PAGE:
April 26.] ROGATION WEEK, 205
once a year, at the time accustomed," says the injunction of that Sovereign, " with the curate and substantial men of the parish, walk about the parishes as they were accustomed, and at their return to church make their common prayers ; provided that the curate in the said common perambulations, as heretofore in the days of Rogations, at certain convenient places, shall admonish the people to give thanks to God, in the beholding of God's benefits, for the increase and abundance of his fruits upon the face of the earth, with the saying of Psalm civ., Benedic, anima mea, &c.; at which time also the same minister shall inculcate this and such like sentences, " Cursed be he which translateth the bounds and dales of his neighbour,'' or such other words of prayer as shall be hereafter appointed." The bearing of willow wands makes part of this ceremony.
Before the Reformation, the processions in this week were observed with every external mark of devotion; the Cross was borne about in solemn pomp, to which the people bowed the ready knee; with other rites considered of too superstitious a nature to warrant their continuance.—Brady, Clavis Calendaria, 1815, vol. i. p. 348.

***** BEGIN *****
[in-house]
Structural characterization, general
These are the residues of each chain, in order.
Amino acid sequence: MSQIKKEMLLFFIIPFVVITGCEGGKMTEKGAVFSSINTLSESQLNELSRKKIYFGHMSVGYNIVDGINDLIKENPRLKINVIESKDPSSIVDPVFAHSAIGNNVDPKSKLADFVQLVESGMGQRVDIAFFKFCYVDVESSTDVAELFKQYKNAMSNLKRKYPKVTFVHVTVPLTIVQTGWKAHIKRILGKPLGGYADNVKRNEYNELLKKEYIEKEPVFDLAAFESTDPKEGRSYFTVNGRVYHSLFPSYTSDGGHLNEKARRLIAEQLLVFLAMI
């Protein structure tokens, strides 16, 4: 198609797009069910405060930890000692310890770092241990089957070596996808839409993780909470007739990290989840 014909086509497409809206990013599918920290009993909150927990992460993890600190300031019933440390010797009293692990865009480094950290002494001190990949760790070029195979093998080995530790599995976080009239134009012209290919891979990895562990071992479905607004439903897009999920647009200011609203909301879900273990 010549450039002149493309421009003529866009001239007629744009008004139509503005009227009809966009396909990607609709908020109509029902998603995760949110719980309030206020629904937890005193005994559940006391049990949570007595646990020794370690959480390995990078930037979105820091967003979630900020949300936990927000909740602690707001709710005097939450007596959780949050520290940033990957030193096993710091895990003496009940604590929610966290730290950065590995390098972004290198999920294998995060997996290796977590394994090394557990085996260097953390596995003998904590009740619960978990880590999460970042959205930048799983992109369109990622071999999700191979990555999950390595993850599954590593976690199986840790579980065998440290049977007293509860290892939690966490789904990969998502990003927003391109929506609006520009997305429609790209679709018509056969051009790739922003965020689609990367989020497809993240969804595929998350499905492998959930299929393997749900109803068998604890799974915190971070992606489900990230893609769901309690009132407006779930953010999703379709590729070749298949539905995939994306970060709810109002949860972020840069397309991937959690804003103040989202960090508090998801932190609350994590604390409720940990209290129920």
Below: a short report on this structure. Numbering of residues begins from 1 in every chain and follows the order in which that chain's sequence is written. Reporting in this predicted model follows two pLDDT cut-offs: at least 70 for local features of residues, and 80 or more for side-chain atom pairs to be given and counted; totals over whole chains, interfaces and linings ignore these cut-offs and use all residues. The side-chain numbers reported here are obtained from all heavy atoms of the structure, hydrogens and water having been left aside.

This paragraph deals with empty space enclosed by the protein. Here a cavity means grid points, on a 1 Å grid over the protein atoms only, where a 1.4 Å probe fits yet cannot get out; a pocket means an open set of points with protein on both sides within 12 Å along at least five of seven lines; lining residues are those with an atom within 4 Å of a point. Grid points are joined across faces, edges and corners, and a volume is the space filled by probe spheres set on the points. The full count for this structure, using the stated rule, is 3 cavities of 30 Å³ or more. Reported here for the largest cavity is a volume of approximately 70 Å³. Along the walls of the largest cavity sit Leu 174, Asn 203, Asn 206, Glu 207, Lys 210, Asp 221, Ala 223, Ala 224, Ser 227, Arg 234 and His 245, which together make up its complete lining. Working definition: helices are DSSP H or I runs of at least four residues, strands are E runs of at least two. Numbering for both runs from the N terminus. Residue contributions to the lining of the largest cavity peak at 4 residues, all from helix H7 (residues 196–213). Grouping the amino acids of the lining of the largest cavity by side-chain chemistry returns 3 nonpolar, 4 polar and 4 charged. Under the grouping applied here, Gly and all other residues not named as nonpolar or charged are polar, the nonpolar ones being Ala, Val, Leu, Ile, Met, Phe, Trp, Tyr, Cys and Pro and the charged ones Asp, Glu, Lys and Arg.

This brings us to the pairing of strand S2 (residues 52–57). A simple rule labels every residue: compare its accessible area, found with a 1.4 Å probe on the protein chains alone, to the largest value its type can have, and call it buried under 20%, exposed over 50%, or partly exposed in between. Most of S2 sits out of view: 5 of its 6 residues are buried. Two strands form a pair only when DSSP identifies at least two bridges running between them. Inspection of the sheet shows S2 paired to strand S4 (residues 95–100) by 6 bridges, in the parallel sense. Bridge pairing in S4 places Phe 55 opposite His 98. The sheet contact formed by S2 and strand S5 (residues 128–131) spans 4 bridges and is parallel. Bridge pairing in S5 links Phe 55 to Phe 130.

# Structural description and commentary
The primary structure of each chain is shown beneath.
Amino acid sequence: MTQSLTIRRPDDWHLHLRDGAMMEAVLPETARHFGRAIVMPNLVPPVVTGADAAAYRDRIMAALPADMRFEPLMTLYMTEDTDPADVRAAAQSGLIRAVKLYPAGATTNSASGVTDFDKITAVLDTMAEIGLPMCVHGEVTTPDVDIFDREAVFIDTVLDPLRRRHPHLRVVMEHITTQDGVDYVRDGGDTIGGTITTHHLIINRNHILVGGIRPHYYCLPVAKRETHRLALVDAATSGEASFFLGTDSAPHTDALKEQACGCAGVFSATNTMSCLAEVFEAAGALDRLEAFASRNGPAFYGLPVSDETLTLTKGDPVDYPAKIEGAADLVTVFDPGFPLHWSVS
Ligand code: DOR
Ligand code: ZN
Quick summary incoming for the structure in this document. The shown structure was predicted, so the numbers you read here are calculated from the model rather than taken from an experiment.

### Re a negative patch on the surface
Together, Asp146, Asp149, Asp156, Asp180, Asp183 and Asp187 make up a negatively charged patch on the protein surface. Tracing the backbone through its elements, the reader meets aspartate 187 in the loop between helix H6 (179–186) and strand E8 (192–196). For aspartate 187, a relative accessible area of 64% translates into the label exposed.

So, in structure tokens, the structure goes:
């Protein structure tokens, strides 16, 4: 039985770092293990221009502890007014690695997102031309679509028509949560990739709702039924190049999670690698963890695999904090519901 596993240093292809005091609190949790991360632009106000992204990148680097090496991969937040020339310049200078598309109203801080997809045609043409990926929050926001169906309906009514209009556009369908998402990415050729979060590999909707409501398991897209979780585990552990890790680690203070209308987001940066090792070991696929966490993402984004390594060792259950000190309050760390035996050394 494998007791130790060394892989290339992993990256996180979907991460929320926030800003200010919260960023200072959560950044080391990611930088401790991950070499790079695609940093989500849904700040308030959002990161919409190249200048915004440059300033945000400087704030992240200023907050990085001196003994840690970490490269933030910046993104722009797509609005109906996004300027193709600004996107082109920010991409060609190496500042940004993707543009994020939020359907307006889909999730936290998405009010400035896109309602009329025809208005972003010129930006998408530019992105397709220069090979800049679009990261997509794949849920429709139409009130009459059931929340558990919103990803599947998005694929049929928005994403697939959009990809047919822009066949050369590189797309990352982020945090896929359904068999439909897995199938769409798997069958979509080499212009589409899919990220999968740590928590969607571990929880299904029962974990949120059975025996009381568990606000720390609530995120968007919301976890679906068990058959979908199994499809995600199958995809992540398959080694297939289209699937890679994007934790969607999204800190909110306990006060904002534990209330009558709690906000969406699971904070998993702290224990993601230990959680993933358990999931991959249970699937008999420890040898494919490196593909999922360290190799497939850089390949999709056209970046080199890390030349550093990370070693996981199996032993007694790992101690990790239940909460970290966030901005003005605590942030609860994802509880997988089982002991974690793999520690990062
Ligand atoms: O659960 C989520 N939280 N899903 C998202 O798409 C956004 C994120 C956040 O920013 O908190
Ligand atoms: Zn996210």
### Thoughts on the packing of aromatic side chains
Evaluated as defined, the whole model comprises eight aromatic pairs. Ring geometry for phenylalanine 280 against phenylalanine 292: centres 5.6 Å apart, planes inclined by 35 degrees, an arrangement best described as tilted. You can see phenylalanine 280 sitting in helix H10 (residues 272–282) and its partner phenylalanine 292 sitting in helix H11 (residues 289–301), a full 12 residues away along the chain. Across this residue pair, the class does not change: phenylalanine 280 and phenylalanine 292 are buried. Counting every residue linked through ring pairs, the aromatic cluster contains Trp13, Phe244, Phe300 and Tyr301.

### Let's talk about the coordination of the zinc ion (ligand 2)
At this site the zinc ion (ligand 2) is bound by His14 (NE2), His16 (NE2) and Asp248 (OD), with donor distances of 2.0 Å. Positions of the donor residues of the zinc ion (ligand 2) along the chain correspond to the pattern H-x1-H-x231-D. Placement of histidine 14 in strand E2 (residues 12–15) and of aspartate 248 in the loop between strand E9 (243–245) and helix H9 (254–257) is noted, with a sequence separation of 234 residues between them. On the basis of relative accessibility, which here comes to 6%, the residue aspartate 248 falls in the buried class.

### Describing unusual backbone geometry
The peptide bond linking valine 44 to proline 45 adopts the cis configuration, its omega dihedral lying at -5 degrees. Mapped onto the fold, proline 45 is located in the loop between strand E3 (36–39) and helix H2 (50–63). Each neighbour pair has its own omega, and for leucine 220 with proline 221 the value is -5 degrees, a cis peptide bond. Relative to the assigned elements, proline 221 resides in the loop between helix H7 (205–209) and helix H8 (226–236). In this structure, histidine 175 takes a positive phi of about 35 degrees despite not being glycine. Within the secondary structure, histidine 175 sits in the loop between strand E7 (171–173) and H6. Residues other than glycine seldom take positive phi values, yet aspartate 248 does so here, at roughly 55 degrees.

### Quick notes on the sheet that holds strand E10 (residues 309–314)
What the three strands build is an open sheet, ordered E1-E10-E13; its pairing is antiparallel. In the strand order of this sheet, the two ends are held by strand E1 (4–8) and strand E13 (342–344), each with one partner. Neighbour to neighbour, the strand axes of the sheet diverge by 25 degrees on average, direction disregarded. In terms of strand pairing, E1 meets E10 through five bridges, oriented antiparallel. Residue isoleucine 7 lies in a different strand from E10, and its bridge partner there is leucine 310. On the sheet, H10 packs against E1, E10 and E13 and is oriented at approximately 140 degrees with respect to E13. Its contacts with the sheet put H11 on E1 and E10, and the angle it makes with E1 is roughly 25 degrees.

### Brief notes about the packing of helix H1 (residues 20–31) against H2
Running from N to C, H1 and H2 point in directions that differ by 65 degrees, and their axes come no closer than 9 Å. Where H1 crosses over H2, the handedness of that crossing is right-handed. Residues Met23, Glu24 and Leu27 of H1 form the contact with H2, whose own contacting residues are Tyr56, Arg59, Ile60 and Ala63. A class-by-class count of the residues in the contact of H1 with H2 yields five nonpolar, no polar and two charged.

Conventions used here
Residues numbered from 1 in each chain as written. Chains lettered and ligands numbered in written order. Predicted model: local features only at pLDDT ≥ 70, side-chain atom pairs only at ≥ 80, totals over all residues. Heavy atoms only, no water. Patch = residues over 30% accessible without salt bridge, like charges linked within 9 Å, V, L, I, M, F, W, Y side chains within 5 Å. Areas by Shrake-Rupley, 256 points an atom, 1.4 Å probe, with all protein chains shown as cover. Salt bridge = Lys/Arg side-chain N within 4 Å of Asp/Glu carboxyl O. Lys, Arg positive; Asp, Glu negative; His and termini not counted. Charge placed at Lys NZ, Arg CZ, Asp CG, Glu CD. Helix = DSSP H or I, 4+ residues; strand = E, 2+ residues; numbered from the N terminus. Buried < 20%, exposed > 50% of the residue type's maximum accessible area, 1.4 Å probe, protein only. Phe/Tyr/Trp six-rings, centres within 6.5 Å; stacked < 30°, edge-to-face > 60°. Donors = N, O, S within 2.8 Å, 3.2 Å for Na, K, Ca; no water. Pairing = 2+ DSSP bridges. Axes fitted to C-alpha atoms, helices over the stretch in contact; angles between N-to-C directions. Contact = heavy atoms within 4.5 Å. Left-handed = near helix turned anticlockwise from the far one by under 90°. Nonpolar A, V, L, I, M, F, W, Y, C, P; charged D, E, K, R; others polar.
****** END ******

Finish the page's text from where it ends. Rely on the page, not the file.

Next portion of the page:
A certain estate in Husborne Crawley has to pay 4Z. on Rogation Day, once in seven years, to defray the expenses of perambulating, and keeping up the boundaries of the parish. —Old English Customs and Charities, p. 116.
On Monday in Rogation week was formerly held in the town of Shaftesbury or Shaston a festival called the Bezant, ft festival so ancient that no authentic record of its origin exists.
The borough of Shaftesbury stands upon the brow of a lofty hill, and until lately, owing to its situation, was so deficient in water that its inhabitants were indebted for a supply of this necessary article of life to the little hamlet of Enmore Green, which lies in the valley below. From two